It's common sense that moving from single- to two-factor security will cut down on all levels of online theft. In some cases, however, such solutions have proven to not be user-friendly. For instance, an often used two-factor, biometrics -- use of some element of the person's physical being to prove who he or she is -- can involve retinal scans and other approaches that make folks uncomfortable. In other cases, two-factor is stymied by people have trouble remembering personal identification numbers (PINs) and passwords. Finally, these technologies can be expensive.
The bottom line is that simplification will make two-factor identification more viable. An English company has come up with a clever way to accomplish this. ITPro explains that the approach is driven by the user. He or she chooses a particular shape on a grid, such as a square. Another initiative to simplify two-factor authentication also is coming out of the U.K. HSBC, according to ComputerWeekly, determined that current two-factor systems are not customer-friendly enough. The answer is simplicity itself: When a person seeks to make a payment, a pop-up with a PIN number appears and asks the consumer for his or her preferred telephone number. The bank then calls and asks for the PIN. As of early September, the system was yet to be tested with consumers, the story says.
A system described by eWeek columnist Steven J. Vaughan-Nichols is similar. He begins with a restatement of the common wisdom that two-factor authentication is difficult to implement and expensive. He then goes through two scenarios -- two factor authentication using Active Director and NT Domains in a mixed mode local-area network (LAN), and combining two-factor with single sign-on (SSO) -- and says both are problematic. (The first approach is "ugly" and "a train wreck" and the other "can be a real pain," he says.) Even after they are implemented, he says, users can be just as confounding.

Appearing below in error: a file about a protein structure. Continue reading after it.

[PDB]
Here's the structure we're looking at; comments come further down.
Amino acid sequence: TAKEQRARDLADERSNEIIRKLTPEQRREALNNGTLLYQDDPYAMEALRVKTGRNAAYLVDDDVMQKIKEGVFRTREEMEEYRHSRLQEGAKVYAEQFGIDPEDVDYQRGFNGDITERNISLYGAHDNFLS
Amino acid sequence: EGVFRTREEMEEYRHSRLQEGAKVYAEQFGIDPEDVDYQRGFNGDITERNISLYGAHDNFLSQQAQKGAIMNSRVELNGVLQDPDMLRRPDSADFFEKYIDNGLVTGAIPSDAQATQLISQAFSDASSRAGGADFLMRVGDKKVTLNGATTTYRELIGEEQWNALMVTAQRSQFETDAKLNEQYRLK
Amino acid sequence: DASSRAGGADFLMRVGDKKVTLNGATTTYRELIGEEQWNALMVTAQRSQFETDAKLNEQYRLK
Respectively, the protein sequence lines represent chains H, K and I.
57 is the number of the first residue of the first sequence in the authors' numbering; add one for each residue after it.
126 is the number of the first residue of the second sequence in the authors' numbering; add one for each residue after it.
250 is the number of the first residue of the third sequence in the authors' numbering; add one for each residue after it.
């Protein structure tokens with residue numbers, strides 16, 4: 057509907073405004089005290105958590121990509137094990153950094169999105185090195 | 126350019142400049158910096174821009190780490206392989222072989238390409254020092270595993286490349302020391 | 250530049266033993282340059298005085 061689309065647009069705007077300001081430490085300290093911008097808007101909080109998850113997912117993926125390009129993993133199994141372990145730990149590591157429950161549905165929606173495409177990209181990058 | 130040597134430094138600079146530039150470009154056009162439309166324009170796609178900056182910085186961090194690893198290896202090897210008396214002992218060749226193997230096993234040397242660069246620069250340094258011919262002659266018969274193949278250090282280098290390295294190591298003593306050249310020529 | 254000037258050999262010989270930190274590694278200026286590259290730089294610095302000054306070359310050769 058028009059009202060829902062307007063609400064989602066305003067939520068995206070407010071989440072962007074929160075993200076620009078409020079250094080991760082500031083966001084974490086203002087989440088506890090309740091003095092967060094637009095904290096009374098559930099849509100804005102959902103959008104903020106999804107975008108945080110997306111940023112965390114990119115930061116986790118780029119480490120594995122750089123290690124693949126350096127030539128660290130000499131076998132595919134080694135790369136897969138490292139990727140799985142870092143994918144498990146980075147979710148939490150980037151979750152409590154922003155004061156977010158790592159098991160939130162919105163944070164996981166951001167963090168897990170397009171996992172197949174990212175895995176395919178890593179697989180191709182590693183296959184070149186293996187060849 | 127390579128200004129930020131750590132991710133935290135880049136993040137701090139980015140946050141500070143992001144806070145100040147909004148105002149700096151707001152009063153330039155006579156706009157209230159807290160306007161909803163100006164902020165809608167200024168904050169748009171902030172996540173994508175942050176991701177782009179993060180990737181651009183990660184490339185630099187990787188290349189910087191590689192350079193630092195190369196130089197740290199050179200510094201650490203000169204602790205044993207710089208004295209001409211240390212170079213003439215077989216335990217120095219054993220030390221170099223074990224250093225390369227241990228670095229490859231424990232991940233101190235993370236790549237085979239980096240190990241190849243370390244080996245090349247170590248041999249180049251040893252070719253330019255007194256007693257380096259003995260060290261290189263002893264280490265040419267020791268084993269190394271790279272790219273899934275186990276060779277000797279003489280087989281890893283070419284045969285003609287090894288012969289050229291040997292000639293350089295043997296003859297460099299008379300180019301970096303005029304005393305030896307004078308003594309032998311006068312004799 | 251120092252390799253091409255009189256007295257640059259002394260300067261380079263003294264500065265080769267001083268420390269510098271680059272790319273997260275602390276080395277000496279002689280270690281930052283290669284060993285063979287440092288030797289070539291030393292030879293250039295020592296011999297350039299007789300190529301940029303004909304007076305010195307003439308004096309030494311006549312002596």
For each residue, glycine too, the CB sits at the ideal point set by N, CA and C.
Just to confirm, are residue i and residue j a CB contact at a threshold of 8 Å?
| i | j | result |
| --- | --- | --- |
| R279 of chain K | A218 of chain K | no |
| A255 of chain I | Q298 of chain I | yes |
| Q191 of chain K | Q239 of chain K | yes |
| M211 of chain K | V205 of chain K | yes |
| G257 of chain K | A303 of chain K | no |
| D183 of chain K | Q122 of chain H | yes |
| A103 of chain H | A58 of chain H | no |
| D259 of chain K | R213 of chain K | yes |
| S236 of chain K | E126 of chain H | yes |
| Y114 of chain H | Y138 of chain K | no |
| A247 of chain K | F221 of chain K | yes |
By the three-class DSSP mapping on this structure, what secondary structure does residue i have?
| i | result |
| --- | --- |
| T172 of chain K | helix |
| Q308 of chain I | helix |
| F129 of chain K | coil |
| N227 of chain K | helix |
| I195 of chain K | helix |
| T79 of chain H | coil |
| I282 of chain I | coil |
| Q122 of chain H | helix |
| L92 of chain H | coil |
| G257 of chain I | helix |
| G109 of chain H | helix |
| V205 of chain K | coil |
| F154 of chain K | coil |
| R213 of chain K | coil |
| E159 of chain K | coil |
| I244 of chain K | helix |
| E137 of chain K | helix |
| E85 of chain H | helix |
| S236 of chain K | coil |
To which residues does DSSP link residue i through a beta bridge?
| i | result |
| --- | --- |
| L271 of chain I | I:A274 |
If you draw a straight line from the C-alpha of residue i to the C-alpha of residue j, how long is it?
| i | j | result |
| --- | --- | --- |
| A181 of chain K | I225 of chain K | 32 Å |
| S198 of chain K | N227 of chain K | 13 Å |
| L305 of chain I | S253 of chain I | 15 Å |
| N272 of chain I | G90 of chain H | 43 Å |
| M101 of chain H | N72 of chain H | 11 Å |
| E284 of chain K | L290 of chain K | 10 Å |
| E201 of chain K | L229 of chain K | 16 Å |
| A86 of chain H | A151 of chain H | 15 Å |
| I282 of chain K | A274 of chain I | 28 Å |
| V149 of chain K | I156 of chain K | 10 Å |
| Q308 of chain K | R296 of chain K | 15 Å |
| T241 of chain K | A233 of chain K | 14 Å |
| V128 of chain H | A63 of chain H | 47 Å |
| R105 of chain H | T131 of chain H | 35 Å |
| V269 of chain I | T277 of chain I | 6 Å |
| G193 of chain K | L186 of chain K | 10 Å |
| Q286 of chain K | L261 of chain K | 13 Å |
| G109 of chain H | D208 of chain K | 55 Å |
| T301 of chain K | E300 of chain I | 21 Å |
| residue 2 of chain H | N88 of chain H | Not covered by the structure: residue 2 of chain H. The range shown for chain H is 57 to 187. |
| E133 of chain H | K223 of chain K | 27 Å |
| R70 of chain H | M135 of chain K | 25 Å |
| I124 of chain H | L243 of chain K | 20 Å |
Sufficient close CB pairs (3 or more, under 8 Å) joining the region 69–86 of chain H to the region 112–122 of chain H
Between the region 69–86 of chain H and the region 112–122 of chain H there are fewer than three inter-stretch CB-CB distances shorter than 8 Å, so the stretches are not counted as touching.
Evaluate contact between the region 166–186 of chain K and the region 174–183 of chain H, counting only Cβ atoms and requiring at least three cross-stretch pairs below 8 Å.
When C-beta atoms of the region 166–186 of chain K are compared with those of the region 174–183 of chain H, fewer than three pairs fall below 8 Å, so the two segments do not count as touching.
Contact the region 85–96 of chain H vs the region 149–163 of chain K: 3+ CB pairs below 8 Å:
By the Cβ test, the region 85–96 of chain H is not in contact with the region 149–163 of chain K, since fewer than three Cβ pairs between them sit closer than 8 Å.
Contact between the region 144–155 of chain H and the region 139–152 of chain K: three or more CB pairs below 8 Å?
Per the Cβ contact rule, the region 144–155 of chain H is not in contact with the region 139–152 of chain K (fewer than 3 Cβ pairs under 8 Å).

Vaughan-Nichols says that the eWeek lab director, his staff and end users all "loved" Positive Networks' PhoneFactor. The system is free -- so the CFO will love it as well -- and works with any Remote Authentication Dial-In User Service (RADIUS)-enabled device. When a user tries to log in, PhoneFactor simply calls them. The user hits the pound button and is allowed access to the application. It is easy to switch the functionality to another phone. PhoneFactor makes its money from support, customization, better integration and other extra features, the columnist says.
This is a very comprehensive and well done look at two-factor authentication at Masabists. The blogger begins by outlining why such technology is needed. He then describes some of the most common attacks two-factor can help to stop. The writer describes some of the problems with current technology, such as the fact that hardware-based key fobs and readers tend to get lost or destroyed before their expected lifespan ends. To the writer's credit, there is a clear demarcation in the piece between the vendor-neutral and product pitch elements.
These or other approaches must be working, at least to some extent. vnunet.com reports that Apacs, a banking body in the U.K., says that fraud losses are down 67 percent. Among the measures that the story attributes with the drop is the use of two-factor identification.